About four years ago I redesigned the 1977 Dave Pagan card to show a photo of him suited up with the Seattle Mariners, making up for the Topps' issued airbrush classic. But today I thought it'd be fun to take a closer look at the original, so here goes:

Pagan originally came up with the New York Yankees in 1973 and played with them through the 1976 season before being traded as part of a blockbuster 10-player trade on June 15th that included Rick Dempsey, Tippy Martinez, Ken Holtzman and Doyle Alexander.
After 20 appearances with the Orioles the second half of 1976, he found himself as one of the original Mariners in 1977, appearing in 24 games, all but four out of the bullpen and posting a 1-1 record with a 6.14 earned run average over 66 innings.
But on July 27th of that season he found himself on the move yet again, this time to the Pittsburgh Pirates, for whom he’d play one game, the last game of his MLB career, pitching three innings of scoreless ball with four strikeouts.
After two years in the Pirates Minor League system in 1978 & 1979, he was out of pro ball for good, leaving the game with a 4-9 record along with a 4.96 E.R.A., 147 strikeouts and four saves over 85 appearances, 18 of them starts.

Wednesday, June 16, 2021


Up on the blog today, a fun card to add to my long-running "Nicknames of the 1970's" thread, a 1971 edition for former California Angels pitcher Clyde "Skeeter" Wright:

Wright had himself his best Major League season in 1970, winning 22 games while pitching to a 2.83 earned run average and making his only All-Star team, while finishing sixth at the end of the year in the Cy Young race.
On July 3rd of that year he would also reach the pinnacle of his career with a brilliant 4-0 no-hitter over the Oakland A's at Anaheim Stadium.
He would go on to post two more sub-3.00 ERA's in both 1971 and 1972 while winning 16 and 18 games respectively, but would follow that up with a 19-loss season in 1973 with an ERA a full run higher at 3.68.
His 1974 season wasn't any better, as he would be now pitching for the Milwaukee Brewers, and he would go on to post a record of 9-20, with an ERA of 4.42 over 38 appearances, 32 of them starts.
He would have one more season, this one with the Texas Rangers in 1975, finishing up with a record of 4-6 over 25 games, 14 of those starts, with an ERA at 4.44 over 93.1 innings.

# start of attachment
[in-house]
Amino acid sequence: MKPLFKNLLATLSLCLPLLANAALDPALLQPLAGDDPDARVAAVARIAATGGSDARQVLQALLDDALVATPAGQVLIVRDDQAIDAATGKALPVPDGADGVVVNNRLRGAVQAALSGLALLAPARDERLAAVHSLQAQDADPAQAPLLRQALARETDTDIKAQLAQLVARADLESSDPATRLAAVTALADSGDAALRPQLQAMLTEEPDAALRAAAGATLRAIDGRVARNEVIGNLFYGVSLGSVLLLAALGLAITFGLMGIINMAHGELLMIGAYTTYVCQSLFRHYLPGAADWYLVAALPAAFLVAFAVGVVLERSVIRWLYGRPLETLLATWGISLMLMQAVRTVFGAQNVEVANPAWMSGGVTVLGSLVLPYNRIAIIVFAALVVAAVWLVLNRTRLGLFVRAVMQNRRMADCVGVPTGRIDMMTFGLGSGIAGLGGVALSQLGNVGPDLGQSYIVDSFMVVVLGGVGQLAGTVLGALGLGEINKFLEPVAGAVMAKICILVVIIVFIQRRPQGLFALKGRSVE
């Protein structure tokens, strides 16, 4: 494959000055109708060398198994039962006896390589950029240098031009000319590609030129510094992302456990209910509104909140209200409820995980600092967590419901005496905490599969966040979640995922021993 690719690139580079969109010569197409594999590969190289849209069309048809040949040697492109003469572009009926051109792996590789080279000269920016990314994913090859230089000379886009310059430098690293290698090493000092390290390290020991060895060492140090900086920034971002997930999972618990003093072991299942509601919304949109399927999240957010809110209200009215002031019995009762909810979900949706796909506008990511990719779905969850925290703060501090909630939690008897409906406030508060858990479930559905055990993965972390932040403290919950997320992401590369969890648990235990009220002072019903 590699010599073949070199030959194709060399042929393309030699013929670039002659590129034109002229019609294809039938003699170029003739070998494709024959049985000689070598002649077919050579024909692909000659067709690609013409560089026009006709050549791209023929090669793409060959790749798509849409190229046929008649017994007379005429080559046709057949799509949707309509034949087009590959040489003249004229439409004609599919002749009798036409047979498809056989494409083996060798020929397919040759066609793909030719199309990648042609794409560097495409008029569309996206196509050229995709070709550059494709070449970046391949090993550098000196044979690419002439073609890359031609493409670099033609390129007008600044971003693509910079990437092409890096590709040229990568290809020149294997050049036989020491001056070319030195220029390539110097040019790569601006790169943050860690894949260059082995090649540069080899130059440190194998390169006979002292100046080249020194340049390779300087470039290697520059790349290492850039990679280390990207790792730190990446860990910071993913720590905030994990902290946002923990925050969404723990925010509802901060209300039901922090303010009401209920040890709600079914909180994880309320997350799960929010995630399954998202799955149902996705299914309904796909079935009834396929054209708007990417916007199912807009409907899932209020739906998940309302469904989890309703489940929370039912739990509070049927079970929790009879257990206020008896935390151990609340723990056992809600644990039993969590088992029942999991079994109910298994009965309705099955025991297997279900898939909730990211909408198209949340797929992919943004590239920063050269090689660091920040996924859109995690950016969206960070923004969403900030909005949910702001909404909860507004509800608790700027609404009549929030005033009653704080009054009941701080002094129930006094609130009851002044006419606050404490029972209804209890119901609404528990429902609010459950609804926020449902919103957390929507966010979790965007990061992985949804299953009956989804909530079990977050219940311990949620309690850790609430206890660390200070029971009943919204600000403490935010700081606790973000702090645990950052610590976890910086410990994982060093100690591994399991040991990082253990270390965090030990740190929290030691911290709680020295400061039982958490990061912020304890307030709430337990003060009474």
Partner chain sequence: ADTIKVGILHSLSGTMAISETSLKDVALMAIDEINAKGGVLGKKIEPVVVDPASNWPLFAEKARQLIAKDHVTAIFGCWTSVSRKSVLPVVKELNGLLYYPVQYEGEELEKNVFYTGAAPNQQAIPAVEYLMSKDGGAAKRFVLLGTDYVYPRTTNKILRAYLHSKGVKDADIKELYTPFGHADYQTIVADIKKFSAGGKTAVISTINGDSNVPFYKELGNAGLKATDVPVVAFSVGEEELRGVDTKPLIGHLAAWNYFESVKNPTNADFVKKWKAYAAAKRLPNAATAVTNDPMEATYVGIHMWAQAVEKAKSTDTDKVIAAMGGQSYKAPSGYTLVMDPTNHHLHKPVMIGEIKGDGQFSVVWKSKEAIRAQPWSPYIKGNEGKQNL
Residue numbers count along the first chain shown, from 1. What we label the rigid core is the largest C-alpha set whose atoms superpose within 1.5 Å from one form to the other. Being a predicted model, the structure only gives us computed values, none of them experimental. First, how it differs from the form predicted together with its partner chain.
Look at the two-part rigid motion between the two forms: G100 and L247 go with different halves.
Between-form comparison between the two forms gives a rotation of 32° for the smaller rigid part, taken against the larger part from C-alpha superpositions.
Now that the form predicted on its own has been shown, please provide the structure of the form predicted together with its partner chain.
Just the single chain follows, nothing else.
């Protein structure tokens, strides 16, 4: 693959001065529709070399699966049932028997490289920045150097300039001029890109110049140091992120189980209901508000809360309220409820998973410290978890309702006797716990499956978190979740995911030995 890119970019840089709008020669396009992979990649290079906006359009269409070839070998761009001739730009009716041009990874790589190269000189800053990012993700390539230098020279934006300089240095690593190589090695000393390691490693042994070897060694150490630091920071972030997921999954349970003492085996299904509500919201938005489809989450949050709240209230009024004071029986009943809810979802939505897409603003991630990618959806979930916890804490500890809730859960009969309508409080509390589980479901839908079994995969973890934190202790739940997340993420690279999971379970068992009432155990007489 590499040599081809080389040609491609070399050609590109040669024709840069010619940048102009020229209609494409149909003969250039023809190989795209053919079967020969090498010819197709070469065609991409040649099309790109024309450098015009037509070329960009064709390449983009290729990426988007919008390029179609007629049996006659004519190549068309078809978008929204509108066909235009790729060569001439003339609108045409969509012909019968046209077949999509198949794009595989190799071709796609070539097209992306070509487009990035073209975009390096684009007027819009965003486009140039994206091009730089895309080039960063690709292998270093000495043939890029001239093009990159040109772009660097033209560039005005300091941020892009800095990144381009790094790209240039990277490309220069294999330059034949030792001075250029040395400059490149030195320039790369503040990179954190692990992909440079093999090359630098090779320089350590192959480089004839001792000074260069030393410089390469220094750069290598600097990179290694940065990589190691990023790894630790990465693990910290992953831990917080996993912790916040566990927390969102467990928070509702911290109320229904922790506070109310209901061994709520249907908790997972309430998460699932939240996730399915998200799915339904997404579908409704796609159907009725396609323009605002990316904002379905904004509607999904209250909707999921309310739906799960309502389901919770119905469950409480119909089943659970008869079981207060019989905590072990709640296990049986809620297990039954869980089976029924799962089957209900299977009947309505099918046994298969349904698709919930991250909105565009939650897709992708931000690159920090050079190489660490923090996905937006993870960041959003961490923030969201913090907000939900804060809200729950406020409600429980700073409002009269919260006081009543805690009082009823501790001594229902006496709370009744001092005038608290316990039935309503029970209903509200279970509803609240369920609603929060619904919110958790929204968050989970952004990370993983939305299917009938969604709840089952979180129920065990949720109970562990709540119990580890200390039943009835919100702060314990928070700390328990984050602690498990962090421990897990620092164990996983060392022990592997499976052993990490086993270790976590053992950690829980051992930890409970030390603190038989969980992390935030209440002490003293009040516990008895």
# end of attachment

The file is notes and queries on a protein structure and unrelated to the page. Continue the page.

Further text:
He would then take his talents to Japan, where he pitched with the Yomiuri Giants for three years, winning 22 games, before retiring for good.
For his MLB career, he won exactly 100 games against 111 losses, with an ERA of 3.50 over 329 appearances, 235 of them starts, with nine shutouts and 667 strikeouts in 1728.2 innings.

Tuesday, June 15, 2021


Today's blog post is a fun one for me to add, a "not so missing" 1970 card for Ron Blomberg, who eventually became the very first batter to ever hit as a "designated hitter" a few years later while with the New York Yankees:

Blomberg made his Major League debut in 1969 with four games, hitting .500 going 3-for-6 at the plate with a walk thrown in.
After a full season of Minor League ball in 1970, he was back in the Big Leagues for good in 1971, appearing in 64 games for the Yankees, hitting an impressive .322 with 64 hits in 199 at-bats, with 30 runs scored and 31 RBIs.
In doing some quick research for this post, though I was familiar with the man, the #1 overall pick in the 1967 draft by the Yankees, I never realized what kind of athletic stud he was coming out of High School!
Playing out of Druid Hills High School, Blomberg went on to become the only athlete ever chosen for the Parade All-American teams in football, baseball and basketball.
He also reportedly received about 125 scholarships for basketball, and over 100 football scholarships, instead signing with the Yankees for what amounts to $500,000 in today’s money ($75,000 in 1967).
Sadly repeated injuries curtailed his Big League career, going through four knee and two shoulder injuries over time, resulting him to never play a full-season and retiring by the age of 30 after only one season with the Chicago White Sox after signing as a Free Agent.